The Fat Lady Awaits
As one eminent philosopher philosophized, “It ain’t over ‘til the fat lady sings,” so even though said lady is waiting in the wings and tuning up, I am not quite ready to administer Mitt Romney’s last rites.
It is, however, as difficult to chart a path to a Romney victory as it is for him to pass through the eye of a needle. Thus many of my fellow pundits are already applauding the fat lady’s aria.
He has had the worst three weeks of any candidate in recent memory, beginning with the Republican convention, remembered mainly for Clint Eastwood-gate. Things look so wretched for the Romney campaign that one Republican pundit called it a “rolling calamity,” while other conservatives chimed in to the extent that Ann Romney angrily pleaded with them to “stop it.”
Today almost all the national polls show Barack Obama up by 3 to 8 points, although some outliers show a tie or a minute advantage for Romney. More importantly, state-by-state surveys of the 10 battleground states show increasing leads for the president in all but two. Only New Hampshire and North Carolina remain iffy. GOP hopes of actually turning Wisconsin or Michigan from blue to red have faded.
Ohio looks well within Obama’s grasp and he is even running decently ahead in Florida. Either one of those would virtually assure victory—both would portend an electoral vote landslide.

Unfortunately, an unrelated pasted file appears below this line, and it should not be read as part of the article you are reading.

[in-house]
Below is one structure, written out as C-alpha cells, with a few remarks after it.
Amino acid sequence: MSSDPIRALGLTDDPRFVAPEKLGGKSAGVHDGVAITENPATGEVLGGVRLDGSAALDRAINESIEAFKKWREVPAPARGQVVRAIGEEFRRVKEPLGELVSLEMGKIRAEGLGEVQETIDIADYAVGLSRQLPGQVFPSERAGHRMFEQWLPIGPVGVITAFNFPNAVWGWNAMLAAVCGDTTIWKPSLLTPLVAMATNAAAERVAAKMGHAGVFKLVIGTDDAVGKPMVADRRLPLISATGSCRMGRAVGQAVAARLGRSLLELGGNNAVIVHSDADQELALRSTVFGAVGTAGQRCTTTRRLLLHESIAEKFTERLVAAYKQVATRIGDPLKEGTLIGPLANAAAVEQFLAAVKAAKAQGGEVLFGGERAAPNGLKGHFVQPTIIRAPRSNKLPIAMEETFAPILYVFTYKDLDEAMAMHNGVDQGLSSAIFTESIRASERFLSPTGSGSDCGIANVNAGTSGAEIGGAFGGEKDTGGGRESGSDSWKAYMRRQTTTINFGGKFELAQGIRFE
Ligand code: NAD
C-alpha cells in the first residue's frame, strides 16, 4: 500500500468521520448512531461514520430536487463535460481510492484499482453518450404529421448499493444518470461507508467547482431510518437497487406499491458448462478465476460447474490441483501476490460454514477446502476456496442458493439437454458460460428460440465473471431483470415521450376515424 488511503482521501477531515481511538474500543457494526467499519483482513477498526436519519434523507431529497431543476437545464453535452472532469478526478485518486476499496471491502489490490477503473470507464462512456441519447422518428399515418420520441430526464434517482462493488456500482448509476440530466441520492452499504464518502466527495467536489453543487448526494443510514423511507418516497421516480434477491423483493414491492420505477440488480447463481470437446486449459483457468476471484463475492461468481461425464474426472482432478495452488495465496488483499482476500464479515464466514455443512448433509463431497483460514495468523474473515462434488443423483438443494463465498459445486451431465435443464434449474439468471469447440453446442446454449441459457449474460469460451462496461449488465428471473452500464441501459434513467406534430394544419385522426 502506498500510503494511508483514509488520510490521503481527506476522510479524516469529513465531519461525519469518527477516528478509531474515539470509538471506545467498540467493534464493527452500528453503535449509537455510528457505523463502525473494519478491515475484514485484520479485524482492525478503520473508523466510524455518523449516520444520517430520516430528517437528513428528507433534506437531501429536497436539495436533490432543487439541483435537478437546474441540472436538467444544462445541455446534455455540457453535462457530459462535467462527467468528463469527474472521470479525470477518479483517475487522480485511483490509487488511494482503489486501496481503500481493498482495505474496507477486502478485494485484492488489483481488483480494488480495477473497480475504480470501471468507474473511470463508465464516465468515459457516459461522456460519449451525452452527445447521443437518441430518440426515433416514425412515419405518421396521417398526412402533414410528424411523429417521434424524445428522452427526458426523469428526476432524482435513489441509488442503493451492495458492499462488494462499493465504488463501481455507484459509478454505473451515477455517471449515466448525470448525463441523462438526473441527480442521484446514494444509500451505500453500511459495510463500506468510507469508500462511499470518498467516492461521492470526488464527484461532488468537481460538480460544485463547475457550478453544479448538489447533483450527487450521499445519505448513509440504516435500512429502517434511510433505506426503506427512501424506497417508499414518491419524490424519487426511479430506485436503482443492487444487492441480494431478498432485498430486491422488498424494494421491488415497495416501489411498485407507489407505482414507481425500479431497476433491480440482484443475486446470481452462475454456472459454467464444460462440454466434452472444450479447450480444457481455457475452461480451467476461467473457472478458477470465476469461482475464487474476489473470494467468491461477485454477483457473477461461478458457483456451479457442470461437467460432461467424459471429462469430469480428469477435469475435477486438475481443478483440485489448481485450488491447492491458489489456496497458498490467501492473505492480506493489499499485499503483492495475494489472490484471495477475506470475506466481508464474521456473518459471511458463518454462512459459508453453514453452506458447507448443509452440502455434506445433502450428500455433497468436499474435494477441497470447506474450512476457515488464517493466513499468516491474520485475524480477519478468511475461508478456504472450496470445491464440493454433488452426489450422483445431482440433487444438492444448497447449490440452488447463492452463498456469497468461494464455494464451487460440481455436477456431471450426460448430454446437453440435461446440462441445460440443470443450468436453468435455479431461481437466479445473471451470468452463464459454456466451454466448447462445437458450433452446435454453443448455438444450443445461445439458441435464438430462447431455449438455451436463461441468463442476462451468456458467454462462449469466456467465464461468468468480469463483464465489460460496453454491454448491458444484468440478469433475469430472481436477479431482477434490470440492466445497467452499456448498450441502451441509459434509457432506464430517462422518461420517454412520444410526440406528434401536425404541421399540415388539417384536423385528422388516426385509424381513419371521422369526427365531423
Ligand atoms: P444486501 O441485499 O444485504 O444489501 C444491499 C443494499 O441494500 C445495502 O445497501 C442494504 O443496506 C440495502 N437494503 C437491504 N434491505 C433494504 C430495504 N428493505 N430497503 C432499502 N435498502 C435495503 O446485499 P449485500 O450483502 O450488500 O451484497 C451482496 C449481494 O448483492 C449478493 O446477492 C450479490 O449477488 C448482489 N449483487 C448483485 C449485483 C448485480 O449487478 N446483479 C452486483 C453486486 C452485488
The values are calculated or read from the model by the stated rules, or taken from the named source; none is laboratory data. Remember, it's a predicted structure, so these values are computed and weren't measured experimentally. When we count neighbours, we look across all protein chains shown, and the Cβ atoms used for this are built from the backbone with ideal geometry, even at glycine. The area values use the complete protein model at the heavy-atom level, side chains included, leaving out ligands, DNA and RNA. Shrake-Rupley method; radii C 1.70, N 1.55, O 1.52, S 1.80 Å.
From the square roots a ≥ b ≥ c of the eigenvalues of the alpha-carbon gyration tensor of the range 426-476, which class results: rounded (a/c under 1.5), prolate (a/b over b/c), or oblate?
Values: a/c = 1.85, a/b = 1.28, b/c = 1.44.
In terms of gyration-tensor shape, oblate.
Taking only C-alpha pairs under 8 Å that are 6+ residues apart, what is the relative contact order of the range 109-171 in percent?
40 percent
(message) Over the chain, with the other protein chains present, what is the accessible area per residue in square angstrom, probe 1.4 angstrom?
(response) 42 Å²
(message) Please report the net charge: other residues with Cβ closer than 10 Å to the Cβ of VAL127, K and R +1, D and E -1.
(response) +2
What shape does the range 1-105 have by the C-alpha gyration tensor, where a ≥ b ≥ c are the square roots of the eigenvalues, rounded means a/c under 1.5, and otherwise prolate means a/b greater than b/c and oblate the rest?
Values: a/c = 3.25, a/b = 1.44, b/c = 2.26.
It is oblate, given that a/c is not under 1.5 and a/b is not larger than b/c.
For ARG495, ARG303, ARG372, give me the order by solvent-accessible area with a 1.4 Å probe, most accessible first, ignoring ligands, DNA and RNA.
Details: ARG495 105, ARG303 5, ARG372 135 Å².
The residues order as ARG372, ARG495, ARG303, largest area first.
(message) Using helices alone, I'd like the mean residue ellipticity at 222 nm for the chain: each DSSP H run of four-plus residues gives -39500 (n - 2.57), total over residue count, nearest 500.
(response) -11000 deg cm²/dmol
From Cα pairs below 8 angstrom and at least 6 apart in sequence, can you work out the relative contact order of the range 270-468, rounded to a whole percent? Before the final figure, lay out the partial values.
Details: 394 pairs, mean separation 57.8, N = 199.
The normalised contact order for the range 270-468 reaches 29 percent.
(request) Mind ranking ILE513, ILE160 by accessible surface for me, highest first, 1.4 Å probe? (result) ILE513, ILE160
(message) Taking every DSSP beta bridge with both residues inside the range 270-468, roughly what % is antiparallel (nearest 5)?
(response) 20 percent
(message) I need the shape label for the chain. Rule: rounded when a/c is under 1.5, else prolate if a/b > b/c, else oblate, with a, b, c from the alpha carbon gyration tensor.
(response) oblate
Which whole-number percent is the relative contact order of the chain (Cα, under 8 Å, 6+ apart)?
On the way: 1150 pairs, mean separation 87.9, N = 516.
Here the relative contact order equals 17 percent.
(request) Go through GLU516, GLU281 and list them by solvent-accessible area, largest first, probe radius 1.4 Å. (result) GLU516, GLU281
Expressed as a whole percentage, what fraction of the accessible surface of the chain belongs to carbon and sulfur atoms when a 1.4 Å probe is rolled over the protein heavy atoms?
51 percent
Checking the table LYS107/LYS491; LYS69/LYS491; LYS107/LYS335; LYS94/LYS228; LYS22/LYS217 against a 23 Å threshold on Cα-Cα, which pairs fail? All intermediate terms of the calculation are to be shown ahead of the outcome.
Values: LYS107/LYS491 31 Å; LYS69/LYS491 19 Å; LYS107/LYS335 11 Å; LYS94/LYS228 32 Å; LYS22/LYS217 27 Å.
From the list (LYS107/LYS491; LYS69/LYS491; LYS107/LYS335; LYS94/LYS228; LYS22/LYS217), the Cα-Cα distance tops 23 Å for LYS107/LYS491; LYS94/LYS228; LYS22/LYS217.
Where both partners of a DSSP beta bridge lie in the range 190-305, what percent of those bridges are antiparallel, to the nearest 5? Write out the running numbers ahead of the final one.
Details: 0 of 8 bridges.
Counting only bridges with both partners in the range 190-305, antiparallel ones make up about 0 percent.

Of equal if not greater importance, Obama well outdistances Romney on all the significant voter concerns, from likeability to doing more for the middle class, preserving Medicare, handling foreign policy and taxation. They run even on the economy, while Romney wins only on controlling the deficit.
In part this is the result of Team Obama’s powerful takedown through the summer months, defining their opponent as an out-of-touch, job-killing, outsourcing plutocrat who only cares about the wealthy. The Romney campaign reinforced the image through a series of mis-steps compounded by gaffes culminating in the notorious “47 percent victims” video. They have elevated ineptitude to an art form.
To change the conversation, Romney issued his 2011 tax returns, which were juggled to show him paying higher taxes than required in order to keep his rate near 14 percent. That overpayment, however, reminded the world of his dictum that if he paid more taxes than necessary he should not be president.
There remains a slender possibility of Republican turnaround with six weeks until Election Day. The Middle East is alive with dangers. Joblessness can still increase. Three debates lie ahead, where a gaffe or loss can cost Obama dearly. As can voter suppression and a huge turnout of Evangelicals plus the large body of Obama haters at large in America. The multimillion-dollar Republican “Super PACs” can exploit these mercilessly.
Nevertheless, based on current information, I’ll go out on a limb and predict he’ll get around 52 percent of the popular vote and more than 300 electoral votes (270 needed to win).
But never forget the words of that great American philosopher, Lawrence Peter Berra:
“It ain’t over ‘til it’s over.”
Don Rose is a regular columnist for the Chicago Daily Observer.